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Read Introduction to John


17 If you know these things, blessed are you if you do them.


17 If you [Greek: if, and you do] know these things,

When it comes to humility the important thing is not what you know. “These things” refers to verses 14 and 15.

blessed are you if you do them.

It is not enough to know what Jesus teaches; we must “do them.” Acting on what we know is at the heart of Christian living. A theoretical knowledge is not sufficient unless it transitions into action.

The Greek word for “blessed” does not mean “happy.” Neither does it pertain to our feelings. The idea is a well-oriented soul; the concept is the state of our soul. A “blessed” person is the object of God’s favor. It is our blessedness from God’s viewpoint. The Greek word here is the term for the beatitudes in Matthew 5:1-12. This is blessedness in God’s eyes. The smile of God is on this person.

“Blessed” is a state. This state is not affected by outside circumstance but is intrinsic within. This is also a characteristic of God and is derived from Him. No one can make God blessed. In other words, we cannot acquire this state apart from our relation to God.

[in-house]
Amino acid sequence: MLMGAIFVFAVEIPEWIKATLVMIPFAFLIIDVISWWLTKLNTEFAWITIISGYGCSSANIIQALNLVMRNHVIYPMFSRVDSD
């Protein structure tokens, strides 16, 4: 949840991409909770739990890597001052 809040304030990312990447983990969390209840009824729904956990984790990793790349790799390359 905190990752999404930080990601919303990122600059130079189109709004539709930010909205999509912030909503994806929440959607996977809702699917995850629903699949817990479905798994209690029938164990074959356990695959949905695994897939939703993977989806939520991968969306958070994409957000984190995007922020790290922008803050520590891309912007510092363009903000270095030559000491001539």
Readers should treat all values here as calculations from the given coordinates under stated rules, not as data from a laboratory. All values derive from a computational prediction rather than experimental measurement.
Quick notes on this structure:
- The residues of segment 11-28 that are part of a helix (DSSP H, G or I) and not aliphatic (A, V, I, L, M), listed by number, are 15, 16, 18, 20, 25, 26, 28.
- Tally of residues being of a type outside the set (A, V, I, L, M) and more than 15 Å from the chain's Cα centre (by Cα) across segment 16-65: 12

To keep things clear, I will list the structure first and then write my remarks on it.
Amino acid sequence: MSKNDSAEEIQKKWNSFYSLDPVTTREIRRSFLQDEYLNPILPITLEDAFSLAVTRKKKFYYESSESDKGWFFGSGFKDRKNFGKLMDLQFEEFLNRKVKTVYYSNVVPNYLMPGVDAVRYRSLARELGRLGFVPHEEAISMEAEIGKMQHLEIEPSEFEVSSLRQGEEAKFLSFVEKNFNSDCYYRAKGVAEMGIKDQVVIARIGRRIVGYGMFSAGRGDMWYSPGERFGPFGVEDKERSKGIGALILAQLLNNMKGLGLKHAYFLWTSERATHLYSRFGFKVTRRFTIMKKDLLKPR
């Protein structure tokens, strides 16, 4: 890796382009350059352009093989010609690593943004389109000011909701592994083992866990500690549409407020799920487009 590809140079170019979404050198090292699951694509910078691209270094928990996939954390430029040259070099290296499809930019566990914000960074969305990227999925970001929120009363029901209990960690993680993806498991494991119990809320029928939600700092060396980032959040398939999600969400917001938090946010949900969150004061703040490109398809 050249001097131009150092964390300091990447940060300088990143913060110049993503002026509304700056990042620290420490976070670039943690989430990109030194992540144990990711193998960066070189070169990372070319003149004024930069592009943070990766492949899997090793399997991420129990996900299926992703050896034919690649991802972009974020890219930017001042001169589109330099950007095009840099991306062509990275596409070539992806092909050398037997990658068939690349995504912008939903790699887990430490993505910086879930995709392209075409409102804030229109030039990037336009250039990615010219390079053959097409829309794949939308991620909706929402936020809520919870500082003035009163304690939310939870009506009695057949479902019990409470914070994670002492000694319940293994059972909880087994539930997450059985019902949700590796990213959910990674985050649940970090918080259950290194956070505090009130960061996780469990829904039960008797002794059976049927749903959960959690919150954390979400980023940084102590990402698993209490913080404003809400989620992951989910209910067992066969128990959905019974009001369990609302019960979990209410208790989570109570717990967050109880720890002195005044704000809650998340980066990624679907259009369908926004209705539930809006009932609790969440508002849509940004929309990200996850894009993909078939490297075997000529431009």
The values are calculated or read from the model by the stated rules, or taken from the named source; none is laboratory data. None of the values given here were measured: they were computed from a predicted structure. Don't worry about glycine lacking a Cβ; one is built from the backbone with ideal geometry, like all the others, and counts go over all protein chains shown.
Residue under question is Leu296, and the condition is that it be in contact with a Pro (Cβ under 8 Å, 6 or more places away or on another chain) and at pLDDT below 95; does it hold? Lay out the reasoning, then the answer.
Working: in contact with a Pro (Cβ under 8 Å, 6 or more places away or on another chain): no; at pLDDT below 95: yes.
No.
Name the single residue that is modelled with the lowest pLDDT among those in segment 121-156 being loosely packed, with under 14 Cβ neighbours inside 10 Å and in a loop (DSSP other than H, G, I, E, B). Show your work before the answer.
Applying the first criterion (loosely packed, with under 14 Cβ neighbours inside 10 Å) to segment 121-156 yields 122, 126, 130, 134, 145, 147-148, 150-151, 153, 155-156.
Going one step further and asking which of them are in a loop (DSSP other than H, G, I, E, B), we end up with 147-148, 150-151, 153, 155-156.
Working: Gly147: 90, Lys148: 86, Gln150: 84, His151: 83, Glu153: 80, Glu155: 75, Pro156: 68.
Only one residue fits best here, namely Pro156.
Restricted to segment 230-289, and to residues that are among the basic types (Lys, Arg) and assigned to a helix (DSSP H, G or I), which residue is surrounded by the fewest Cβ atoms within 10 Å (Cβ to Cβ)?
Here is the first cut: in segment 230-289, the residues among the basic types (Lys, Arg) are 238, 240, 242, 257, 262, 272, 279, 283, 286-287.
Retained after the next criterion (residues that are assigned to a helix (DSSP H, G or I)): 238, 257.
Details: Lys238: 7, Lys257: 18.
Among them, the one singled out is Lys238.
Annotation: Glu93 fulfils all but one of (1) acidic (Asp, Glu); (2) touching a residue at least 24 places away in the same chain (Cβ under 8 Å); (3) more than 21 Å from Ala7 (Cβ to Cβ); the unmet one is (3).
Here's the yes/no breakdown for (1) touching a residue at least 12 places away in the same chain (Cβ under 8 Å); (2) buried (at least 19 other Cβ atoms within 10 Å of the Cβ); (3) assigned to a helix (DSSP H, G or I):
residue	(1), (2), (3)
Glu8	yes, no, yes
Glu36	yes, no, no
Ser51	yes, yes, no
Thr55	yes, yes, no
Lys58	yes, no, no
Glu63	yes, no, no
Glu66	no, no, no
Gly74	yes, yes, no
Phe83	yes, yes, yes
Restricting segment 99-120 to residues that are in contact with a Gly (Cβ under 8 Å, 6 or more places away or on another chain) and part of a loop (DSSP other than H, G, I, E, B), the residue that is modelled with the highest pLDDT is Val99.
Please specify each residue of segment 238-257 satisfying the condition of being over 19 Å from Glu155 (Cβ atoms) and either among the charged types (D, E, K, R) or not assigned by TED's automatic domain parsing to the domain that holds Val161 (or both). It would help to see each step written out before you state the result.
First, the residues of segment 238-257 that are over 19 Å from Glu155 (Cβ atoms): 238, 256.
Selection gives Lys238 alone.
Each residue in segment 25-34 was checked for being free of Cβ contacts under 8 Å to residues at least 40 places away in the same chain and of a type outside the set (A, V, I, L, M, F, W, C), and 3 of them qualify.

There is a blessed independence from the values of the world in this. Blessedness is a condition of the soul where its satisfaction is derived from God. This does not imply that we will not have trouble in life. There is no doubt that trouble will come our way. The issue is where we derive resources in the midst of trouble.

The essential dynamic about humility is to exercise it toward fellow believers. If the disciples followed Jesus’ pattern, God would pronounce a “blessed” verdict on them. It is one thing to know truth and another to practice it. There is no such thing as coming to “know” the Word and not applying it.


Blessedness comes from resources found in God Himself.


God blesses believers not for what they know but by their application of or response to what they know. The entire ministry of Christ was one of service (Mr 10:45). His followers need to submit to this kind of service.

The smile of God is upon those who are humble. Humility primarily relates to God and not to our relationship to others. It is our willingness to accept God’s grace on our lives. Self-giving servanthood is the model Christians should follow.

The inner spiritual condition of a person will produce the kind of service that the Lord expects of us. The true disciple looks upon any opportunity to serve the Lord as a great opportunity to advance the gospel. Blessedness comes through service.

Spiritual pride has caused many disasters in ministry. The biblical model is the giving of self to others. We are not greater than our Lord in these things.

We cannot say, “It is beneath my dignity to serve others” if we truly follow the Lord’s example. Humility is at the heart of following Christ.